What is central to Ireland is Johnny Sexton. They’ll want to keep him fit and make sure he’s ok. If he plays well, Ireland will win matches because he’s a clever, canny, experienced player.
Which country do you think can cause the biggest challenge to Ireland?
It can only be France really. They’ve got a couple of injuries but they’ve got lots of squad depth, they never used to have strength in depth. Now, they could put three teams out that would do themselves justice this year.
What does it take to win a Grand Slam?
It’s very hard. It’s not rocket science. Everyone thinks it’s easy. The away games are hard and the home games are tougher as well when people would think certain games are a banker. It’s a collective will.
The coaches have got to be good. You won’t be thinking about a Grand Slam until you’re getting close to completing it. You’ve just got to concentrate on the performance. That’s been a problem for England, we haven’t seen a performance yet in recent internationals against Argentina, Japan, New Zealand or South Africa.
As a fan but also as an ex-player, England are due a performance by the law of averages, they’ve got to get a good couple of games in them at some point, that’s what we want to see at the Six Nations. With Steve Borthwick as the new coach, I think they can do that.
Everyone will be excited for a new coach, looking to impress. If England is going to have a good Six Nations they’ve got to start well and this game against Scotland is not an easy first game for them.
England face Scotland next weekend, how do you think England can cope with Finn Russell?
Finn Russell is a box of tricks. He’s a great player to watch. The back row of England have got to nullify Scotland’s ability to be on the front foot. With Russell, he’s a wonderful player, but any fly half will tell you that if they’re going backwards and he’s on the back foot, even though Russell is special, it would make his job so much harder.
Having said that, it’s not all about one player, Scotland has got other good players too, but the match-ups, the two fly-halfs on the day, that will be exciting. All England will be concentrating on is to try to nullify Finn Russell.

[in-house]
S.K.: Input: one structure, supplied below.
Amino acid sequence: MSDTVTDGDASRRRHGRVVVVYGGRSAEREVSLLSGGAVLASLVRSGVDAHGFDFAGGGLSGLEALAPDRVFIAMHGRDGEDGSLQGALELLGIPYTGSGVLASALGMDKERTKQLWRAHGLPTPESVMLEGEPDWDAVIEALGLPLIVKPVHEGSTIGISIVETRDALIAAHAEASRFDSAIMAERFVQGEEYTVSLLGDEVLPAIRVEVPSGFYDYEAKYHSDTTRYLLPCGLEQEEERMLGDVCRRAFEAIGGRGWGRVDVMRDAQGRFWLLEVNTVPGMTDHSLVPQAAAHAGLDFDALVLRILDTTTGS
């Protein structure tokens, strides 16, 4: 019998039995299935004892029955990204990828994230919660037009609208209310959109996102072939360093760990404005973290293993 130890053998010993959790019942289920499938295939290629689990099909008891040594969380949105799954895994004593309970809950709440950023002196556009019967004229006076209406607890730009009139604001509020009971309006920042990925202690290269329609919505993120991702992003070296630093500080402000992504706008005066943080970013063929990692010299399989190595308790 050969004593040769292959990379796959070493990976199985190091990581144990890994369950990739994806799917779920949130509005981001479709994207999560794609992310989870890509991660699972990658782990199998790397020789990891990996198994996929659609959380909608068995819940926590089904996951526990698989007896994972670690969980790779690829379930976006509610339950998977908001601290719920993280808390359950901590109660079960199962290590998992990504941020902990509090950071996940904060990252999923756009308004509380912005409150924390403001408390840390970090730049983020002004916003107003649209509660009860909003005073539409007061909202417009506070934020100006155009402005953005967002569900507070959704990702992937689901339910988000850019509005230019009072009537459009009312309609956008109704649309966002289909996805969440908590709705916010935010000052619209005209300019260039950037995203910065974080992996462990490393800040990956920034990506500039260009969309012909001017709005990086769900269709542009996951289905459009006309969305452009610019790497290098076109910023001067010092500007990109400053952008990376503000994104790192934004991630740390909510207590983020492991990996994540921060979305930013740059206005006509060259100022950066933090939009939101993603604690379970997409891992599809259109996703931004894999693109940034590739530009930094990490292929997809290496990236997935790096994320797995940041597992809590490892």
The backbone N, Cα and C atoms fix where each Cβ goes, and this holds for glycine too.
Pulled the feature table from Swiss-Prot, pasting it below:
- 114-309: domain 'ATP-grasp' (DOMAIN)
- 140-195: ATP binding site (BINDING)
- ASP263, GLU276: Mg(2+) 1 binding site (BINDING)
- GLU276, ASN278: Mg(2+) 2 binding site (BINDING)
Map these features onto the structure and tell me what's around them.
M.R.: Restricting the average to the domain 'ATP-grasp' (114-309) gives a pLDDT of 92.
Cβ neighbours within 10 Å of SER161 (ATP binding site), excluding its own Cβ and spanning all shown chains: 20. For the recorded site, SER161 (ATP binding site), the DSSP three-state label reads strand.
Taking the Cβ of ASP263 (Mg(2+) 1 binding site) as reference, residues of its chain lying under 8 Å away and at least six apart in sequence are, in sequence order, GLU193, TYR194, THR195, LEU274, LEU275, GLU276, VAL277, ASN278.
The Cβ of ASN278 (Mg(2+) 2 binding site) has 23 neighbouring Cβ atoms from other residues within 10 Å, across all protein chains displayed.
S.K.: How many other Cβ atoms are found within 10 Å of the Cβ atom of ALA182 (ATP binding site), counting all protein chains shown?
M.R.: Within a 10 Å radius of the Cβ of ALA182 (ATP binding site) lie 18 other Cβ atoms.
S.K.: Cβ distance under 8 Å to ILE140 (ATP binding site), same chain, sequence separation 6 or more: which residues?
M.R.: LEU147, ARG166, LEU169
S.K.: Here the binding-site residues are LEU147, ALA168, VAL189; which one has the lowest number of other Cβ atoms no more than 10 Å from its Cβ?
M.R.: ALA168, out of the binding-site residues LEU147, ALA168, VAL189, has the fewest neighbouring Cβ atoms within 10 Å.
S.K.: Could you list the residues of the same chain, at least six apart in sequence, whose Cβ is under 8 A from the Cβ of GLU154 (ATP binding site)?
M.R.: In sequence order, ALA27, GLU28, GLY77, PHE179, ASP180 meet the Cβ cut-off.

You played with Steve Borthwick for England on several occasions, how do you think he will do as England manager and from knowing him, what was he like as a teammate in the dressing room?
As a coach, he’s very technical. He’s very good. A lot of the players that have worked with him previously have said how focused and technical he is but he’s also a great guy.
He knows the pride of putting on an England jersey because he’s done it himself and has been captain of his country. It’s a good time for the players to play themselves into the side with a World Cup just around the corner with players trying to impress in this Six Nations.
That’s what Steve will want from the players is giving it 100%, collectively all together going forward, the World Cup is important, but it’s months down the line, it’s a cliché, but it’s one game at the time and Steve will know this. Steve has been there as a player and now he’s doing it as a coach, I think that puts England in a good place.
Prediction for each first round match?
England will beat Scotland. It will be a close game. Scotland always poses us questions and challenges us in different ways but I think England will win being at home.
Wales is still rebuilding like England and facing an inform side like Ireland, I think that will be a tough game for Wales.
France has got some injuries but they’ve got strength in depth for a number of years, Italy is improving every year but the problem they have is all the other nations are improving so it’s a large gap between themselves and the rest of the teams. France will want to start the championship as defending champions with a big win to boost their confidence and that winning momentum moving forward.